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Bodhiruci(5th century - 6th century)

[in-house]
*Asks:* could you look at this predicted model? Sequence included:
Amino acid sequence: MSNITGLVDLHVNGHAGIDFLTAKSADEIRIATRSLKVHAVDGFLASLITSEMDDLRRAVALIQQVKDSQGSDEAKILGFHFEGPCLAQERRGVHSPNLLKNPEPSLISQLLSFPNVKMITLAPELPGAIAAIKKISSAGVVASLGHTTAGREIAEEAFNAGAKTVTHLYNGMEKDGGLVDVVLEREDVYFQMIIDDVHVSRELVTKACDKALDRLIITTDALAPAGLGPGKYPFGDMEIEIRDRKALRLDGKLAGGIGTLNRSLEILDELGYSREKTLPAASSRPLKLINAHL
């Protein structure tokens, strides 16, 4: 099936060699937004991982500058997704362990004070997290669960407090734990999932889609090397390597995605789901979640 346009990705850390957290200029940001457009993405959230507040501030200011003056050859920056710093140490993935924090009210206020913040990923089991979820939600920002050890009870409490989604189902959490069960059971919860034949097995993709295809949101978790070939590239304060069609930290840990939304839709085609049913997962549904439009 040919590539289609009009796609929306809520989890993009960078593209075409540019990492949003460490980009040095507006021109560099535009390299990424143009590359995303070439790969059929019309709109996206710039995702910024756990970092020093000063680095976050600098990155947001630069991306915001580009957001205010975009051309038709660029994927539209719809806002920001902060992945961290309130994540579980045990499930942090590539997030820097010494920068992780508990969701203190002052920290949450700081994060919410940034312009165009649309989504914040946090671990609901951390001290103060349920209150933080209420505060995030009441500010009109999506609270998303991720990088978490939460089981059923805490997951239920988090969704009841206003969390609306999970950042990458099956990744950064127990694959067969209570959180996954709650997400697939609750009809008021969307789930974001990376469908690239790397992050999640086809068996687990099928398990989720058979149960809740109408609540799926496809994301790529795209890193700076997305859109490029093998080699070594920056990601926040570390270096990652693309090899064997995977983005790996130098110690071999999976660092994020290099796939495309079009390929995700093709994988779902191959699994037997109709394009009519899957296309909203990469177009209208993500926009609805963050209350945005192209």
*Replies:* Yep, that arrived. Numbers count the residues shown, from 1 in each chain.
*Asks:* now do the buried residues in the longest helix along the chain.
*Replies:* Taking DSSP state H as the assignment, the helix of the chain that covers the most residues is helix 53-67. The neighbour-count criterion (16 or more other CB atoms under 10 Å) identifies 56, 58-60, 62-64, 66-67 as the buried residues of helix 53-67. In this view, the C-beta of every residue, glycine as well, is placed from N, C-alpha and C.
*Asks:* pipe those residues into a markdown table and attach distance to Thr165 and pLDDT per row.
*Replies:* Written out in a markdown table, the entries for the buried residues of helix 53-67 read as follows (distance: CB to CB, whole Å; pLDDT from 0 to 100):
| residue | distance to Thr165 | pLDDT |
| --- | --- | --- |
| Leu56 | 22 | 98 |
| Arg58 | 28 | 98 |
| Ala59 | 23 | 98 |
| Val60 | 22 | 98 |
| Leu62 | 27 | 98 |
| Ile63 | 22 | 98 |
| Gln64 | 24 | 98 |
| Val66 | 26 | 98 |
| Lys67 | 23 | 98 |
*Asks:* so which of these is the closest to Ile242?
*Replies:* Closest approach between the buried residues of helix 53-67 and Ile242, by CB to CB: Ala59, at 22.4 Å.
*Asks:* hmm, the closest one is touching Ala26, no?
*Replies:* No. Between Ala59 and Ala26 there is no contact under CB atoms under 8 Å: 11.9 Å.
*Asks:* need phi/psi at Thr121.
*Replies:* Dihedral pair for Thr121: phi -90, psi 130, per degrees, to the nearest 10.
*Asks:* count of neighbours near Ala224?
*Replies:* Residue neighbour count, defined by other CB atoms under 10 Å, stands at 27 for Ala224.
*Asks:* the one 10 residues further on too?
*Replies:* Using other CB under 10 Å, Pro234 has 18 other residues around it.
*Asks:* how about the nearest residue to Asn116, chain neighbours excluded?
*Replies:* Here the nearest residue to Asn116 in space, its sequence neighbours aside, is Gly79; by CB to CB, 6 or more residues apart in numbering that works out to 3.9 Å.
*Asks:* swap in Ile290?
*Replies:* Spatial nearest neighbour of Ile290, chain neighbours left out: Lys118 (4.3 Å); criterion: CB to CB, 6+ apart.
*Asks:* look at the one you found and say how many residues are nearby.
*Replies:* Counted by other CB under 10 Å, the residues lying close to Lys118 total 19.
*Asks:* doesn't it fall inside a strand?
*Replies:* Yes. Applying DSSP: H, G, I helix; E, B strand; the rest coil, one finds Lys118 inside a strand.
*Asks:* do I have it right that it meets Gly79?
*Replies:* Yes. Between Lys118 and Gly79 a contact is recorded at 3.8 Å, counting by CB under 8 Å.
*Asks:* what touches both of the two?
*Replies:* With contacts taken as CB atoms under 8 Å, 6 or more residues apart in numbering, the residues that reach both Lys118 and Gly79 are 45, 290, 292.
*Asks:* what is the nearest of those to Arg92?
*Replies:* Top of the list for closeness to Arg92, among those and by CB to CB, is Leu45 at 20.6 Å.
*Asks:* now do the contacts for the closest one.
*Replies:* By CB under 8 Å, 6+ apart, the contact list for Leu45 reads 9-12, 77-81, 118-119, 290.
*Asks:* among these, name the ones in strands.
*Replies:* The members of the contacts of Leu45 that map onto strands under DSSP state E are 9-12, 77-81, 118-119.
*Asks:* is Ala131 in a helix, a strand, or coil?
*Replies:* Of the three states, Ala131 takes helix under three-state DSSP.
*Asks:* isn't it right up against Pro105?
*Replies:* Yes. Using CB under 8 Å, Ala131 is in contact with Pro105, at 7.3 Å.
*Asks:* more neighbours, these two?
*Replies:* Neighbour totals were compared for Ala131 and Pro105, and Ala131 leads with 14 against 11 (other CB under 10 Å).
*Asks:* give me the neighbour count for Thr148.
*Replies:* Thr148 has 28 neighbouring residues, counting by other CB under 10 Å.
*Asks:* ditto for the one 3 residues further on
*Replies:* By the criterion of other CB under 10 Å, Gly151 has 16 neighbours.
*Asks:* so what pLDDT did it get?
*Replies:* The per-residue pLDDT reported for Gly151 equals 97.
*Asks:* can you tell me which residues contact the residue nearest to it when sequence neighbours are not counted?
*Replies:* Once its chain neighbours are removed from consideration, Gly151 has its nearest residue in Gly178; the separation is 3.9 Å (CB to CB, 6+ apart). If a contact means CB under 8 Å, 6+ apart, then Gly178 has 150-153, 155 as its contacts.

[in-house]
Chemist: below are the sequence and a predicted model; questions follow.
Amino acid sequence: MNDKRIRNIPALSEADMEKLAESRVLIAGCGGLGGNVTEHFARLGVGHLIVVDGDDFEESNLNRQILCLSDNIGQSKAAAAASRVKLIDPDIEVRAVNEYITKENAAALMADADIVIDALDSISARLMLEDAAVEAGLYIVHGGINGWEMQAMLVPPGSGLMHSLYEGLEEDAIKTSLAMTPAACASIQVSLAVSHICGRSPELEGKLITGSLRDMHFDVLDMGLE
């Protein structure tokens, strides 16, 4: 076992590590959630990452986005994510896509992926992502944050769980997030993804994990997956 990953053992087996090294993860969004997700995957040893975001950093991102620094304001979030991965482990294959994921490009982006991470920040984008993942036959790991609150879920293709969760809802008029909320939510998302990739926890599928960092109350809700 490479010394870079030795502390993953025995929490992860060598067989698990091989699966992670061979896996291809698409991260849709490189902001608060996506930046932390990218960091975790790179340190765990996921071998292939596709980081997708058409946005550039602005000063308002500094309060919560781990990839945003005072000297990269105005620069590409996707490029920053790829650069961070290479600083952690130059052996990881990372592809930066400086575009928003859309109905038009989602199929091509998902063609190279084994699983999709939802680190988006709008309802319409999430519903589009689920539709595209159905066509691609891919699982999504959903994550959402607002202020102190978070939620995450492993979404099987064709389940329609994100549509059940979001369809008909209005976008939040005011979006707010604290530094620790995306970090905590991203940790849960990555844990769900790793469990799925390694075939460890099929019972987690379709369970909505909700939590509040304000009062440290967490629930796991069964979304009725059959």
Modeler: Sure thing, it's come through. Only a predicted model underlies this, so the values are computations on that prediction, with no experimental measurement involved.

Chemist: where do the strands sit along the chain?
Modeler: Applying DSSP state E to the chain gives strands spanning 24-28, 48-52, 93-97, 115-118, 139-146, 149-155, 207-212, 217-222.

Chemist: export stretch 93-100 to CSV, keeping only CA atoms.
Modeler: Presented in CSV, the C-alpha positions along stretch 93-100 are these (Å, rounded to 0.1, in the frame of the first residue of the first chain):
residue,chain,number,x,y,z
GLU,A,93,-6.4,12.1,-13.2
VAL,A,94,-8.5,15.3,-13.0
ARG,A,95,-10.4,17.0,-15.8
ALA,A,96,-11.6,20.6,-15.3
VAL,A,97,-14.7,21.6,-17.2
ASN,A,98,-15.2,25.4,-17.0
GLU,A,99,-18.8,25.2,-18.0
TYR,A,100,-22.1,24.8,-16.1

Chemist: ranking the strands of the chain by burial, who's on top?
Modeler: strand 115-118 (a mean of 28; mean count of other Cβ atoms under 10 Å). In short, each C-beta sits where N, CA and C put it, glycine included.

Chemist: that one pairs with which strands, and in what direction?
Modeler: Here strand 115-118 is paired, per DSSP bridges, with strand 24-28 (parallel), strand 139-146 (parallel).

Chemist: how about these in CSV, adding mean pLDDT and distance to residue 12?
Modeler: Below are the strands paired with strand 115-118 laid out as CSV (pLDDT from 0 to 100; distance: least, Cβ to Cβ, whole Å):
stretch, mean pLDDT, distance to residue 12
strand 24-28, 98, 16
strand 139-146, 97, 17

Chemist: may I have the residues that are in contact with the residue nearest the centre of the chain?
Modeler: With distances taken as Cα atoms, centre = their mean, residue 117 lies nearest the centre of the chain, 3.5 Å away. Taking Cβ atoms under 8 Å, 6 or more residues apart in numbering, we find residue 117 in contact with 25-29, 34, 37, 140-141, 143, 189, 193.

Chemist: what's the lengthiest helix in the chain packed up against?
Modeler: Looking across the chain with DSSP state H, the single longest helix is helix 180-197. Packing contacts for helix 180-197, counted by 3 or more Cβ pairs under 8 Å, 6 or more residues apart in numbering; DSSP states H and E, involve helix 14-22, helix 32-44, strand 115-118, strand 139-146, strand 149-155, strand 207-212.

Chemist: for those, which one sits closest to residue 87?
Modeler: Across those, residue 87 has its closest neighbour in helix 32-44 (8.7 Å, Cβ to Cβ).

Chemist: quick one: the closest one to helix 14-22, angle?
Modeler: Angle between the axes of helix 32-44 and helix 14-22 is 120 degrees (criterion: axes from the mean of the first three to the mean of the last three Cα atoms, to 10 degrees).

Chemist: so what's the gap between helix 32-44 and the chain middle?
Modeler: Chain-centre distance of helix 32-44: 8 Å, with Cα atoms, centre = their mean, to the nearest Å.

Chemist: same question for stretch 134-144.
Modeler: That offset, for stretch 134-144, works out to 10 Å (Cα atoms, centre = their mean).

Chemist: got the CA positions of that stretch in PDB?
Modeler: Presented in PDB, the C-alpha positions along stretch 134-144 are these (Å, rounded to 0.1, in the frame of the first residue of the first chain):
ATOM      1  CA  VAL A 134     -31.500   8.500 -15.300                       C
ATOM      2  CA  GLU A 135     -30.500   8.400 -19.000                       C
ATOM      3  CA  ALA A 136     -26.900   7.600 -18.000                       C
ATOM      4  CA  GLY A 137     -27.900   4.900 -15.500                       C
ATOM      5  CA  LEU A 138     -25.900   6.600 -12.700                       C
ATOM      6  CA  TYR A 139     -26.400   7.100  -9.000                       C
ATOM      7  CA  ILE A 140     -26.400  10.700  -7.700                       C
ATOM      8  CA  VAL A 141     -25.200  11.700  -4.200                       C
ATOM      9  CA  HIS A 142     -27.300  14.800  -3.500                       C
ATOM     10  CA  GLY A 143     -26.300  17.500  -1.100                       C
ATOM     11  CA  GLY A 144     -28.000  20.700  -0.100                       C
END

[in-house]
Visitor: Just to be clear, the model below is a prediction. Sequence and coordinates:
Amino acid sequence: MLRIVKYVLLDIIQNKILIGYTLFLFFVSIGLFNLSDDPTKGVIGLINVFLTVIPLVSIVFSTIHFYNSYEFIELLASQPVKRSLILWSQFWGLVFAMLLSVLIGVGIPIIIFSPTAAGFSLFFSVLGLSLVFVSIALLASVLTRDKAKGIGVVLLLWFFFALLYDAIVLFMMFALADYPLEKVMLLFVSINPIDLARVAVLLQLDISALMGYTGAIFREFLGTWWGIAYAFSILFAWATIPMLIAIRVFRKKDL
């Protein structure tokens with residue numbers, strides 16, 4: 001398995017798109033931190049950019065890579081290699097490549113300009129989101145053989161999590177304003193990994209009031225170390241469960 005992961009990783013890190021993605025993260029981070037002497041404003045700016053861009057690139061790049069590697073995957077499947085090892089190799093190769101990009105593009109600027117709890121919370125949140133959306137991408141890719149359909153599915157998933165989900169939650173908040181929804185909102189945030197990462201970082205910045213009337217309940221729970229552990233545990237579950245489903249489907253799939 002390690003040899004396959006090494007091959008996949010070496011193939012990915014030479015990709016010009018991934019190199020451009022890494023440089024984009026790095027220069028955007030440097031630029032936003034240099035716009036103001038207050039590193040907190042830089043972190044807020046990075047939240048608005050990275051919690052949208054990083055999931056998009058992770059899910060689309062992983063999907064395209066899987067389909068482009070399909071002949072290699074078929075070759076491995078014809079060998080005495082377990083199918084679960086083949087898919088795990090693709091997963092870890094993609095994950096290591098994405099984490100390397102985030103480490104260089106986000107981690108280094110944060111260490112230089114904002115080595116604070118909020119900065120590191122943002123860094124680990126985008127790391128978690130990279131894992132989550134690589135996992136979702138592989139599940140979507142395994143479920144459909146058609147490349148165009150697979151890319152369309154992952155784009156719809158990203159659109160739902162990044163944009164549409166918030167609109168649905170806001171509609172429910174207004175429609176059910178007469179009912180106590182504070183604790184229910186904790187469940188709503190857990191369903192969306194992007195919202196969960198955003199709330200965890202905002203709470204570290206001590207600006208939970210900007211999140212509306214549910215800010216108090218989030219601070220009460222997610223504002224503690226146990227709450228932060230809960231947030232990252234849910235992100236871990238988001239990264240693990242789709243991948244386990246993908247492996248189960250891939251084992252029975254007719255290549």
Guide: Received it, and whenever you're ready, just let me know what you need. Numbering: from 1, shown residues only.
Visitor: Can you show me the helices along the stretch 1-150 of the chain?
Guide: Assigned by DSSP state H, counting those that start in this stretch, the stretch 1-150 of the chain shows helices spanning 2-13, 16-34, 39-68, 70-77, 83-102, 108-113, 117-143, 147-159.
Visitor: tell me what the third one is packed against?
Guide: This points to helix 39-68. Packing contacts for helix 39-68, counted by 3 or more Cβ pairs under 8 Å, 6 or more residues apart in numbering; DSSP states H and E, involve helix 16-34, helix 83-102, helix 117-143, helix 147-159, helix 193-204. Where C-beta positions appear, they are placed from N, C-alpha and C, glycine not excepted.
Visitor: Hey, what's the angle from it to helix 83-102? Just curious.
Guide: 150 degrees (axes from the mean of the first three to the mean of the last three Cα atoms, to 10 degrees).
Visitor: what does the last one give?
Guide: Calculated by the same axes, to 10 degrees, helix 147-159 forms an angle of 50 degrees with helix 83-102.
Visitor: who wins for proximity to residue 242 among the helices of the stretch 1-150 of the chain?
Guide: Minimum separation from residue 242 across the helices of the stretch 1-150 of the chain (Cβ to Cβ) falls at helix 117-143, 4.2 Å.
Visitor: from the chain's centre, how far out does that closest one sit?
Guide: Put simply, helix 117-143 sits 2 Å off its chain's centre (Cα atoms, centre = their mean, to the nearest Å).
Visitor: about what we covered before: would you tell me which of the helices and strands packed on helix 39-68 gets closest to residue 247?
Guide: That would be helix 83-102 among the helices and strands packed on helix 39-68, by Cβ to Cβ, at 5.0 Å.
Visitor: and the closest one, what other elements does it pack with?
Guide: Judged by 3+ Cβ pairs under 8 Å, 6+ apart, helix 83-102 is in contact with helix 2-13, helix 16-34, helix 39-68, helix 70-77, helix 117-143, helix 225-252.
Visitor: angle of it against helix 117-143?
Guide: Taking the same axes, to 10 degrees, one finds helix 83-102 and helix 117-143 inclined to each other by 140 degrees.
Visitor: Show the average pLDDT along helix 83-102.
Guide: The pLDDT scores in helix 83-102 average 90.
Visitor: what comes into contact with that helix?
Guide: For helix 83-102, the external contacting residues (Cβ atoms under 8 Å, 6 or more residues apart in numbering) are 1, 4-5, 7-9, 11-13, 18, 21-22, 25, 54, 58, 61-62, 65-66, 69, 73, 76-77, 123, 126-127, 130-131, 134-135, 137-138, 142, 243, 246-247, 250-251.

A renowned Indian translator and monk (to be distinguished from a subsequent Bodhiruci [s.v.] who was active in China two centuries later during the Tang dynasty). Bodhiruci left north India for Luoyang, the Northern Wei capital, in 508. He is said to have been well versed in the Tripiṭaka and talented at incantations. Bodhiruci stayed at the monastery of Yongningsi in Luoyang from 508 to 512 and with the help of Buddhaśānta (d.u.) and others translated over thirty Mahāyāna sūtras and treatises, most of which reflect the latest developments in Indian Mahāyāna, and especially Yogācāra. His translations include the Dharmasaṃgīti, Shidijing lun, Laṅkāvatārasūtra, Vajracchedikāprajñāpāramitāsūtra, and the Wuliangshou jing youpotishe yuansheng ji, attributed to Vasubandhu. Bodhiruci’s translation of the Shidijing lun, otherwise known more simply as the Di lun, fostered the formation of a group of Yogācāra specialists in China that later historians retroactively call the Di lun zong. According to a story in the Lidai fabao ji, a jealous Bodhiruci, assisted by a monk from Shaolinsi on Songshan named Guangtong (also known as Huiguang, 468–537), is said to have attempted on numerous occasions to poison the founder of the Chan school, Bodhidharma, and eventually succeeded. Bodhiruci is also said to have played an instrumental role in converting the Chinese monk Tanluan from Daoist longevity practices to the pure land teachings of the Guan Wuliangshou jing. (Source: "Bodhiruci." In The Princeton Dictionary of Buddhism, 133. Princeton University Press, 2014.

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